Andrew Dickson White papers microfilm reel 48, August 1887-February 15, 1888
White, Andrew Dickson
Among the letters of sympathy that continue on this reel was one from George von Bunsen on August 18 that termed the alliance between Russia and France a threat to Germany and to the peace of Europe. Stricken by his bereavement, White spent much of the late summer in reading old letters and diaries, finding a sculptor to carve a memorial statue of his wife, and preparing a small memorial volume to be printed privately and distributed among her friends. At the American Social Science Association meeting in Saratoga in September White was delighted with the talk given by young Helen Magill, a professor of ancient languages at Evelyn College, Princeton. He invited her to visit Cornell to consider the position of principal of Sage College. Though she declined the position, she entered into a regular correspondence with White. Only Miss Magill's letters survive in the collection. In the late fall he revised his lectures on the French Revolution and, after delivering the series at Cornell, made some additions and presented them at Johns Hopkins in January. On February 3rd a group of distinguished men sent White an invitation to give the lectures in Washington. Senator Morrill wrote that White's name had been proposed in the Senate as a regent of the Smithsonian Institution.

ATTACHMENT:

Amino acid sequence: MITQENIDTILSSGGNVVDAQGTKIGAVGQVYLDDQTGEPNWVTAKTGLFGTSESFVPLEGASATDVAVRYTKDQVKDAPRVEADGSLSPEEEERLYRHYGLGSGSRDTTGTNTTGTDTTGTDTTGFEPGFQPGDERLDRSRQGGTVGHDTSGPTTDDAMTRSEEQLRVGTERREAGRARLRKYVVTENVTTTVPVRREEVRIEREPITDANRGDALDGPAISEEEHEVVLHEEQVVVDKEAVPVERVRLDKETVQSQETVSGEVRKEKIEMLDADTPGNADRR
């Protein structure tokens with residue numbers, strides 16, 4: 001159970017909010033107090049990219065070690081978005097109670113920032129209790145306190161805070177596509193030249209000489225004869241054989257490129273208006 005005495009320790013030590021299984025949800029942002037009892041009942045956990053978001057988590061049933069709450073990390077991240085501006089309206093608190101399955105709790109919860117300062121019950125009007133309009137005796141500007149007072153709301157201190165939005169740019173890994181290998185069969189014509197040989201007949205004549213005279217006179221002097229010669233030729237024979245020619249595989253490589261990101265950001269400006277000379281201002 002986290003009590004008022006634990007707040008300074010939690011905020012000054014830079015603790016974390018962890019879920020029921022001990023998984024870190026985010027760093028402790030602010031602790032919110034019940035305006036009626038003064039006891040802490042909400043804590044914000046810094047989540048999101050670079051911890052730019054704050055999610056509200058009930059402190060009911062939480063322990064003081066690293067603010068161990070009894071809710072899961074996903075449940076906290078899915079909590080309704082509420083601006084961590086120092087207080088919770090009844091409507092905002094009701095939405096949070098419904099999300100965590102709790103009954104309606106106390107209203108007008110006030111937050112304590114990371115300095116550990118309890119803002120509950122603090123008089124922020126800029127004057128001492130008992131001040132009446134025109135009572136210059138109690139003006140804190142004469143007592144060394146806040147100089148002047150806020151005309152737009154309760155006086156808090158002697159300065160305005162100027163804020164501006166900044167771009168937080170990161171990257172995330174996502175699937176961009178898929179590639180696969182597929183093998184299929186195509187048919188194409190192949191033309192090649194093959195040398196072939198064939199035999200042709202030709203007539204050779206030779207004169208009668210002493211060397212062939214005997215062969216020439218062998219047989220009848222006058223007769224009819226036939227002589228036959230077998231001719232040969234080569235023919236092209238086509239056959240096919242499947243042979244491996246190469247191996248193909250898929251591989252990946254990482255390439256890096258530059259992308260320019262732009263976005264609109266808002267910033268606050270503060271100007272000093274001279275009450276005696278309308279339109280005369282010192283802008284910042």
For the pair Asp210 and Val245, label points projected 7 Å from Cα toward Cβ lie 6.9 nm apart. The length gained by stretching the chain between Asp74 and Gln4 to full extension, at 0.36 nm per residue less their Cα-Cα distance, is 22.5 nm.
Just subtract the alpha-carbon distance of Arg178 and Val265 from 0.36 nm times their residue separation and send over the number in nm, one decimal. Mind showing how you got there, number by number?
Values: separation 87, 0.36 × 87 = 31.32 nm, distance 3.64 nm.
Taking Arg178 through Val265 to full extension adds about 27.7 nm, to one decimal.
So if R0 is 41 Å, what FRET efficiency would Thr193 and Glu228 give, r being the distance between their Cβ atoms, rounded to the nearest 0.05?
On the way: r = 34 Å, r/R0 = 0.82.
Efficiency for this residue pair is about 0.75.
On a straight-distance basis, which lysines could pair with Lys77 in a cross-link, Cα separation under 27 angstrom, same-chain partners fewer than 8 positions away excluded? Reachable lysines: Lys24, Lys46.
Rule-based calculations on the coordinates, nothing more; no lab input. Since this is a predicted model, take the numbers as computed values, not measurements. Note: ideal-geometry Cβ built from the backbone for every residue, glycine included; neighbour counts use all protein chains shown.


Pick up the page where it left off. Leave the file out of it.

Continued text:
Digitized microfilm of correspondence and papers from the Andrew Dickson White collection.
Cornell University Library, Division of Rare and Manuscript Collections